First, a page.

Revealed: The Tesla Model 3 Offers 215 Miles of Range and a Vague Delivery Date

Steph Willems
by Steph Willems

The Tesla Model 3 had its curtain of hype lifted tonight, and it exists after all.

Sleek, with pronounced shoulders and a roofline that slopes to the decklid, the newest Tesla remains over a year away from production, but at least it now has a face.

Or lack thereof. But more on that later.

Tesla founder Elon Musk said the Model 3 will have an EPA-rated range of “at least” 215 miles, and will retail for $35,000. Every Model 3 — even base versions — will hit 60 miles per hour in less than six seconds.

“These are minimum numbers,” said Musk. “We hope to exceed them.”

Musk’s allusion to a performance range implies that a dual motor setup could be an option.

The Model 3’s recessed dash means that front-seat occupants will sit well forward, allowing enough legroom for five adults. The rear roof is a solid pane of glass that begins just ahead of the rear seat passengers and continues to the trunklid.

With storage up front and in the back, Musk promised that the Model 3 would have “more cargo capacity than any gasoline car with the same exterior dimensions.”

Safety is “paramount” for Musk, who said the Model 3 will achieve five-star crash ratings in every category, and each version will come with Autopilot autonomous hardware installed.

Viewed from the front, the Model 3 vaguely resembles a Porsche Panamera. However, besides a slit in the lower fascia, the centre of the Model’s 3’s face is scrubbed clean of features. That flat expanse seems to be the vehicle’s only controversial element.

More details on the Model 3 will be revealed during “Phase 2” of the launch, which won’t happen until much closer to production.

Musk unveiled the model after explaining how the Roadster, Model S and X were all part of his three-pronged master plan to produce the societal change (and cash) needed to market a mass-produced electric car at an attainable price.

On the same day he began accepting $1,000 pre-orders from prospective buyers, Musk said over 115,000 people have signed up for the Model 3.

In order to have charging infrastructure in place for buyers, Musk said Tesla will double the number of Supercharger stations by the end of next year — 7,200 worldwide. Destination chargers will also double in number, to 15,000.

Tesla’s dealer network, which currently numbers 215 locations, will rise to 441 in the same time period.

Production of the Model 3 is expected to begin in late 2017, with the first units off the line going to existing Tesla owners on the west coast.

When exactly will the first deliveries be made? Musk couldn’t say.

“Well, they’re next year,” said Musk. “I do feel fairly confident it will be next year.”

[Image: Tesla Motors]

Steph Willems
Steph Willems

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  • JonBoy470 JonBoy470 on Apr 01, 2016

    Personally I like the minimalist Dieter Rams Jony Ive interior. It's clean, and lacking all the busy useless bullshit inside that so many cars have these days. As for post-sale service, it needs almost nothing in terms of routine maintenance, compared to a gas car.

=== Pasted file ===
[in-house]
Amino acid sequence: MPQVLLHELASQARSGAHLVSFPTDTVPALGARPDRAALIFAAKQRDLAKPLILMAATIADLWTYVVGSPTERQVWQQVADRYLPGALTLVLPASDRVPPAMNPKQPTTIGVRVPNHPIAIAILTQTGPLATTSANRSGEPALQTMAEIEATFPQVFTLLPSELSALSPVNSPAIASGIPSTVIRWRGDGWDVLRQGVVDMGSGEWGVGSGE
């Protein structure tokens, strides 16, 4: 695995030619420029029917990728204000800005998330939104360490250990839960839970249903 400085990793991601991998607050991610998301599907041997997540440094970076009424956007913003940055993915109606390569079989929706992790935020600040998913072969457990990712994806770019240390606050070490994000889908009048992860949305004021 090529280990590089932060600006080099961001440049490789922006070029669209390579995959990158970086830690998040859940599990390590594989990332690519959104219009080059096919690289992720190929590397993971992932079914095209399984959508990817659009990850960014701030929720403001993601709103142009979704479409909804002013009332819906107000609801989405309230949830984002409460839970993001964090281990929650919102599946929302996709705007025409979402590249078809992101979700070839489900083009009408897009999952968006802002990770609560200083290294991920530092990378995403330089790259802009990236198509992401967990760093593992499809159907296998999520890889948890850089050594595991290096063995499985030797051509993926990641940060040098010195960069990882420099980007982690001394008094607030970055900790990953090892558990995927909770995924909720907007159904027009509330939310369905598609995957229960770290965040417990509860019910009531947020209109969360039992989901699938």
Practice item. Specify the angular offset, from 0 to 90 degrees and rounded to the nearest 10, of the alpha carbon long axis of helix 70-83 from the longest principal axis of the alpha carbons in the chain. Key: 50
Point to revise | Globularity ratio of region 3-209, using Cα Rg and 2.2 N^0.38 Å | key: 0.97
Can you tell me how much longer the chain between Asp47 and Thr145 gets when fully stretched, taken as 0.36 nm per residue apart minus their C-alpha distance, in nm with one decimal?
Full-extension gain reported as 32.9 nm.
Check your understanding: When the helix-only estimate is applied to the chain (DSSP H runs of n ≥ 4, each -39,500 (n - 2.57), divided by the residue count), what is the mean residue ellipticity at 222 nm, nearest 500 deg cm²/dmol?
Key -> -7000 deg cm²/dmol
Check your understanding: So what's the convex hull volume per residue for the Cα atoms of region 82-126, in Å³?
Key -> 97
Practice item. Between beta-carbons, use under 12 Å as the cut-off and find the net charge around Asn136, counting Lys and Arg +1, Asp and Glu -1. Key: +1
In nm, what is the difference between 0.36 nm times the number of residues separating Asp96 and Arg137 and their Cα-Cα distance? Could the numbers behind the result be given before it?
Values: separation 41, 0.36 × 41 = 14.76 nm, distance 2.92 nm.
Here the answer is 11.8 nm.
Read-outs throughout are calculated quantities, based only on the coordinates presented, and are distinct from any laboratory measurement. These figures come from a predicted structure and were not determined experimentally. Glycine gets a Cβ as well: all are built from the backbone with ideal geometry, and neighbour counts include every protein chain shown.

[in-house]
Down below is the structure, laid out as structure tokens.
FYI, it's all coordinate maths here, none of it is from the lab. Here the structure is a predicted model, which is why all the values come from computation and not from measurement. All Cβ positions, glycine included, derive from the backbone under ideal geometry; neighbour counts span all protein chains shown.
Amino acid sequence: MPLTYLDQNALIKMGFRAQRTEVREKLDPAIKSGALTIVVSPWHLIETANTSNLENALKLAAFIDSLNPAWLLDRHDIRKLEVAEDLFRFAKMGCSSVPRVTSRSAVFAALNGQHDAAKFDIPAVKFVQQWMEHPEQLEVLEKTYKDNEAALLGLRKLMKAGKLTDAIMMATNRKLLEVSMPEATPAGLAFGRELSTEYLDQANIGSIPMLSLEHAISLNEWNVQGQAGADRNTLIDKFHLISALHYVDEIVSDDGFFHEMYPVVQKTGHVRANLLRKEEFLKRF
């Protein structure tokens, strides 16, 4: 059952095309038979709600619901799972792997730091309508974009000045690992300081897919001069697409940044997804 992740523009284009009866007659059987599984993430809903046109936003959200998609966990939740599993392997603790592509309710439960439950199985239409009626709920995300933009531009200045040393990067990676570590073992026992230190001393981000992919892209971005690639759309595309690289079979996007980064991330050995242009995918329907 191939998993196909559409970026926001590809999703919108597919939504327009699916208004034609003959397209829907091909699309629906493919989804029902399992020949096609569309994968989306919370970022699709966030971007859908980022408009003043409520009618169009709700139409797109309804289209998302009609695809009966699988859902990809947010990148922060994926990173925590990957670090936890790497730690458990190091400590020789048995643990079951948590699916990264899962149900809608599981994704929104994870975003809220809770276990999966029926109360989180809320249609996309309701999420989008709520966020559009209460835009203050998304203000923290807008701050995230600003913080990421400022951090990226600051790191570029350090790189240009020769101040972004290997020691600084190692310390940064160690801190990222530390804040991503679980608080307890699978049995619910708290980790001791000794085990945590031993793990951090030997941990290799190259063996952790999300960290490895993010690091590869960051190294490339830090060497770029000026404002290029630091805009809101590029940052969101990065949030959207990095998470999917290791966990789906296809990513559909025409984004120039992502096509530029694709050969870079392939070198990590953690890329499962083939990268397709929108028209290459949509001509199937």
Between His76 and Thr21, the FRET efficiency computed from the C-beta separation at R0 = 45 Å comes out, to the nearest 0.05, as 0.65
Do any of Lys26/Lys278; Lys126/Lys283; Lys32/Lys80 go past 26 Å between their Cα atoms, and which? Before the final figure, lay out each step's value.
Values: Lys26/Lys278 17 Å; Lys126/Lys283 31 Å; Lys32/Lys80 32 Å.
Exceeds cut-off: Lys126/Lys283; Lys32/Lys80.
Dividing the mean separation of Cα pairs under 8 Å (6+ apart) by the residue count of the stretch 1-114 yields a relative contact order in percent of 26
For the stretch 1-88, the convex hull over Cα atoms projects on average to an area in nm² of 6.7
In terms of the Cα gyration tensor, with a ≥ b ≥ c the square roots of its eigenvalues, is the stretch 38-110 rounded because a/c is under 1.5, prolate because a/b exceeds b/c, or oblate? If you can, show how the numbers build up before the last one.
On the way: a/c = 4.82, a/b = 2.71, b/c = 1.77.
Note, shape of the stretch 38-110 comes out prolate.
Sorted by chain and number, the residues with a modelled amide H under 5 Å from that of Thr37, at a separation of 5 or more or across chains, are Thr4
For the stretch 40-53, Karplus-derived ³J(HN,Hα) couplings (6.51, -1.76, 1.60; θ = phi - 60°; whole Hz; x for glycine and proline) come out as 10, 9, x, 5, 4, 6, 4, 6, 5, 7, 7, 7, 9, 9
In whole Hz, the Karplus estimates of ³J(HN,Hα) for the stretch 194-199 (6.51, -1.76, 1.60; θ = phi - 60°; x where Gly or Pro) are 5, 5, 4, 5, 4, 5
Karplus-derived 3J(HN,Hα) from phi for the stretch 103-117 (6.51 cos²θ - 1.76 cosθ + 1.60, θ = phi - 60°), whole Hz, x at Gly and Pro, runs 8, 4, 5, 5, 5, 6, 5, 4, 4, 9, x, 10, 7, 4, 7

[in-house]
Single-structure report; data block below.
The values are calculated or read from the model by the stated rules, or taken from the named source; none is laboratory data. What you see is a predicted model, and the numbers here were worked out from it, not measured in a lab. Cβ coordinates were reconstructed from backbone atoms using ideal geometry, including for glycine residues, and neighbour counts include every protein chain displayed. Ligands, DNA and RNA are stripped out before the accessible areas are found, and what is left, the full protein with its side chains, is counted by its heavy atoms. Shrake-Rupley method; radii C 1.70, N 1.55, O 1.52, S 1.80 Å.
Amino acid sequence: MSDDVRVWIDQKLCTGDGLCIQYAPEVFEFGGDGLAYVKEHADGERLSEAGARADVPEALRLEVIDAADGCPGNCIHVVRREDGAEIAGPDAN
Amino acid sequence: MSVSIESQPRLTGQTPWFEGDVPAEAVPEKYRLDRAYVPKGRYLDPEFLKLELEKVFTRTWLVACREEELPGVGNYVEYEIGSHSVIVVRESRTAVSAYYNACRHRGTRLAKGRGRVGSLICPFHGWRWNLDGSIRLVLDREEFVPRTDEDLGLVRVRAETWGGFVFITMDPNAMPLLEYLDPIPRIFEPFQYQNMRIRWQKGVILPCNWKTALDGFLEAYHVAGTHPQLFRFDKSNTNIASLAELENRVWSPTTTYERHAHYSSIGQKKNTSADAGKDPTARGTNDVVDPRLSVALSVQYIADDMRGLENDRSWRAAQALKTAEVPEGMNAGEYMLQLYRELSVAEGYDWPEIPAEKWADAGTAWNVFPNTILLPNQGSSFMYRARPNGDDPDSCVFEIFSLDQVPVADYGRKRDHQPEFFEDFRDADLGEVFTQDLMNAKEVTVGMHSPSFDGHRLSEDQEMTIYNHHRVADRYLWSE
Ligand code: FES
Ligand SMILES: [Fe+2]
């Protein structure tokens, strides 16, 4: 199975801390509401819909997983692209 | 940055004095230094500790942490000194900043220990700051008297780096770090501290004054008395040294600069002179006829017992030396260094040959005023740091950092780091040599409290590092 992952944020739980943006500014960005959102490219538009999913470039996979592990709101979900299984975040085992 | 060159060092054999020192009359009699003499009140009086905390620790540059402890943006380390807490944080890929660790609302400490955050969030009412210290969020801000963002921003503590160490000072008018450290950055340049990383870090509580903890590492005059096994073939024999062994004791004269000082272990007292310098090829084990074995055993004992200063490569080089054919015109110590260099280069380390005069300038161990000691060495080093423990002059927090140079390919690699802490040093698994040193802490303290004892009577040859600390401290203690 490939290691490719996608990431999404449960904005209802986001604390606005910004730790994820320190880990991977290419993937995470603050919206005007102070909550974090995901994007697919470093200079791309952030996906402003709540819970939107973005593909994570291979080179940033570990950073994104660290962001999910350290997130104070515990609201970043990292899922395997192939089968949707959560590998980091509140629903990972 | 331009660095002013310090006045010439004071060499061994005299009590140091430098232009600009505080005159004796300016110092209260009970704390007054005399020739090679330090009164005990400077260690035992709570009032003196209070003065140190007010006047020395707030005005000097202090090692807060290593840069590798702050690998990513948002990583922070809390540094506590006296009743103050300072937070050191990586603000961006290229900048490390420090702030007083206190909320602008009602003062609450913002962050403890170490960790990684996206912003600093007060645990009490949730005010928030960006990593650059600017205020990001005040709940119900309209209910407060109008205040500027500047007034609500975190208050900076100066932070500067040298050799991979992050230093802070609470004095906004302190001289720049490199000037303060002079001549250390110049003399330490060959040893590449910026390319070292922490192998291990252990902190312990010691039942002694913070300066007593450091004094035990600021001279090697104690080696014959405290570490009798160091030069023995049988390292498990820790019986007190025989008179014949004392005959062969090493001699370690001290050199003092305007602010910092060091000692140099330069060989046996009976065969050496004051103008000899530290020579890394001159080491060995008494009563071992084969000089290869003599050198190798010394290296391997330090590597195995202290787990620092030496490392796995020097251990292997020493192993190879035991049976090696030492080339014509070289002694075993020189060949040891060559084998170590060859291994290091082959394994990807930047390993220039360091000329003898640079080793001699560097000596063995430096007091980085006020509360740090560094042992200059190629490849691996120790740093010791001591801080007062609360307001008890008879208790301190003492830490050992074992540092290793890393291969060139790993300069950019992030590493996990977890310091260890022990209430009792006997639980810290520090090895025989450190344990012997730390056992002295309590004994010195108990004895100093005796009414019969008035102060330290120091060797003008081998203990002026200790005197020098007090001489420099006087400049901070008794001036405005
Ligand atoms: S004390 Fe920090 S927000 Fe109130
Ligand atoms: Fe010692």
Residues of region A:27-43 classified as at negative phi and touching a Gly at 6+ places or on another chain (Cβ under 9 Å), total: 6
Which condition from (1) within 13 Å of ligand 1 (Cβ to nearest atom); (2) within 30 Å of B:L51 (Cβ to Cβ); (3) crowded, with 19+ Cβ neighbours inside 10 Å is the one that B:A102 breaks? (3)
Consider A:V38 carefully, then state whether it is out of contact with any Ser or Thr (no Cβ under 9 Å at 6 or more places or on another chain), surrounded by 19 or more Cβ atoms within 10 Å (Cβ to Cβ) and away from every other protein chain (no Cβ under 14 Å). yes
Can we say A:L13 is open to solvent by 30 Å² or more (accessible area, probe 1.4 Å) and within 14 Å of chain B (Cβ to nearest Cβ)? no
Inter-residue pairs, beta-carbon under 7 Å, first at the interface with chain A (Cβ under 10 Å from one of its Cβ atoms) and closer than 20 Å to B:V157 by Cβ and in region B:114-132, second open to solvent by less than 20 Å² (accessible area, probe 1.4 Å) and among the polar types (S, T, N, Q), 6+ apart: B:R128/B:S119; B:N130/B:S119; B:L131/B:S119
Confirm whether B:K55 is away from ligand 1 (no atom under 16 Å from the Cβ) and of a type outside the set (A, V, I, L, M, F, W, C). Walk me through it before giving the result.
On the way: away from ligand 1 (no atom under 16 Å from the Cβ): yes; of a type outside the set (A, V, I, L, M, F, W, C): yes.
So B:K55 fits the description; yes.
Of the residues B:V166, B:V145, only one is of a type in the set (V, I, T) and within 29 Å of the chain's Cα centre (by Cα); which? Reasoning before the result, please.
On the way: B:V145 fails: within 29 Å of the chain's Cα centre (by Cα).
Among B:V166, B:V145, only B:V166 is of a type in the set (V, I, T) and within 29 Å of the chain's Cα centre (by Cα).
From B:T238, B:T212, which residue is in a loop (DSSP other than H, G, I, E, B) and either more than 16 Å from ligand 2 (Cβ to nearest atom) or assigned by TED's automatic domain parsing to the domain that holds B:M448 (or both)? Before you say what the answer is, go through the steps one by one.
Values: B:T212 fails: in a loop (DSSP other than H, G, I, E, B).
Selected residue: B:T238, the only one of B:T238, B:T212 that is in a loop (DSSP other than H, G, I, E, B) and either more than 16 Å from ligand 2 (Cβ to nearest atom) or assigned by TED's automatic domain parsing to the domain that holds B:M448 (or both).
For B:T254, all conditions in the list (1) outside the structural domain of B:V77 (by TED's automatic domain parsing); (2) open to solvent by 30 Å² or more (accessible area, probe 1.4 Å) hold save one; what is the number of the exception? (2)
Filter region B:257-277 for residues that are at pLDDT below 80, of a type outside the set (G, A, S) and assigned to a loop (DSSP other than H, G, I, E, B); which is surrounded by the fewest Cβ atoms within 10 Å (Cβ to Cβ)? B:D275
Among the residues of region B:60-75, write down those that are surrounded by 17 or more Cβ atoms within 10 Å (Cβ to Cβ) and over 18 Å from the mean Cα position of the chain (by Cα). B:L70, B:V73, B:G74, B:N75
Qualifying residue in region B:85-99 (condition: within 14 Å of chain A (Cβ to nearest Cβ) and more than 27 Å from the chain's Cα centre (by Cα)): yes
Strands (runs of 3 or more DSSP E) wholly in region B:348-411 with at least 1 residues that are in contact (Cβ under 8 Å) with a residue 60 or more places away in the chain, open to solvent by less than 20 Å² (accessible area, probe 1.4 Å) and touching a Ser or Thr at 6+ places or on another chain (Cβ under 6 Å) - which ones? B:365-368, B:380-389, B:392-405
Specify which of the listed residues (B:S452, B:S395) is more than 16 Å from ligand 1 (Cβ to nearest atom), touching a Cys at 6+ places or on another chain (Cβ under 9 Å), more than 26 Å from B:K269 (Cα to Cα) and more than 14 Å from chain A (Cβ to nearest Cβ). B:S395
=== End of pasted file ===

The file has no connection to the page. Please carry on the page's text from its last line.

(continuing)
• Speedlaw Speedlaw on Apr 03, 2016

    The current Tesla sells to well off folks who'd otherwise lease another E class, and have at least one regular vehicle in the driveway, so they don't need 110 % uptime and don't have range anxiety. We have a few in town. The Tesla sits next to a premium SUV and a CamCord, or frequently, an enthusiast piece. Moving downmarket is to see the car to one car households, who will have range issues, and will need 110% uptime. I see a lot of folks buying into the hype, and while I'd buy a car from Tesla, I'd not give them money in the hopes of getting one. You know this company still loses money, save pollution credits, right ? For the simple fact of running a spreadsheet, and taking money, they got hype they could not buy or afford to advertise. That is the real bottom line in this situation-it isn't like there is a lot full of these awaiting delivery. "We've no product for a year, media coverage has turned on us, what to do ? Hey we can pull an Apple !!

    • See 2 previous
    • Vulpine Vulpine on Apr 04, 2016

      @derekson "When did Apple make people pay up for the right to order a product that is coming out in 18 months?" A cell phone is not a car. Irrelevant simile. If someone wants to order a car even from the long-established OEMs, they have to wait an average of three months on an American-built car and up to six months and longer for a European- or Asian-built car. That's for cars already in production. Cars just take longer, as seen by the auto-show circuit where a new concept may take up to four years (and in some cases ten years or more) to reach the showrooms.

  • Jalop1991 What is this "dealer" thing Ford speaks of?
  • Picard234 So this release amounts to 2.7 hours of gasoline consumption in the US. You won't even see a penny. The administration is draining the reserves for political optics, nothing more.
  • ToolGuy If that nice young man really wants to help this hardworking American, he can have his people deliver the gasoline directly to my fuel tank. Thanks in advance.[42 million gallons divided by 233 million licensed drivers in the U.S. makes 'my' share almost two 12-ounce soda cans. This is huge, thanks for the effort lol.]
  • The Oracle Farley proves once again he is WAY in over his head.
  • Theflyersfan Gas prices went up $1.00/gal today at the three stations I just passed to get home. Was there a war? No? Could it be oil company greed? Perhaps.
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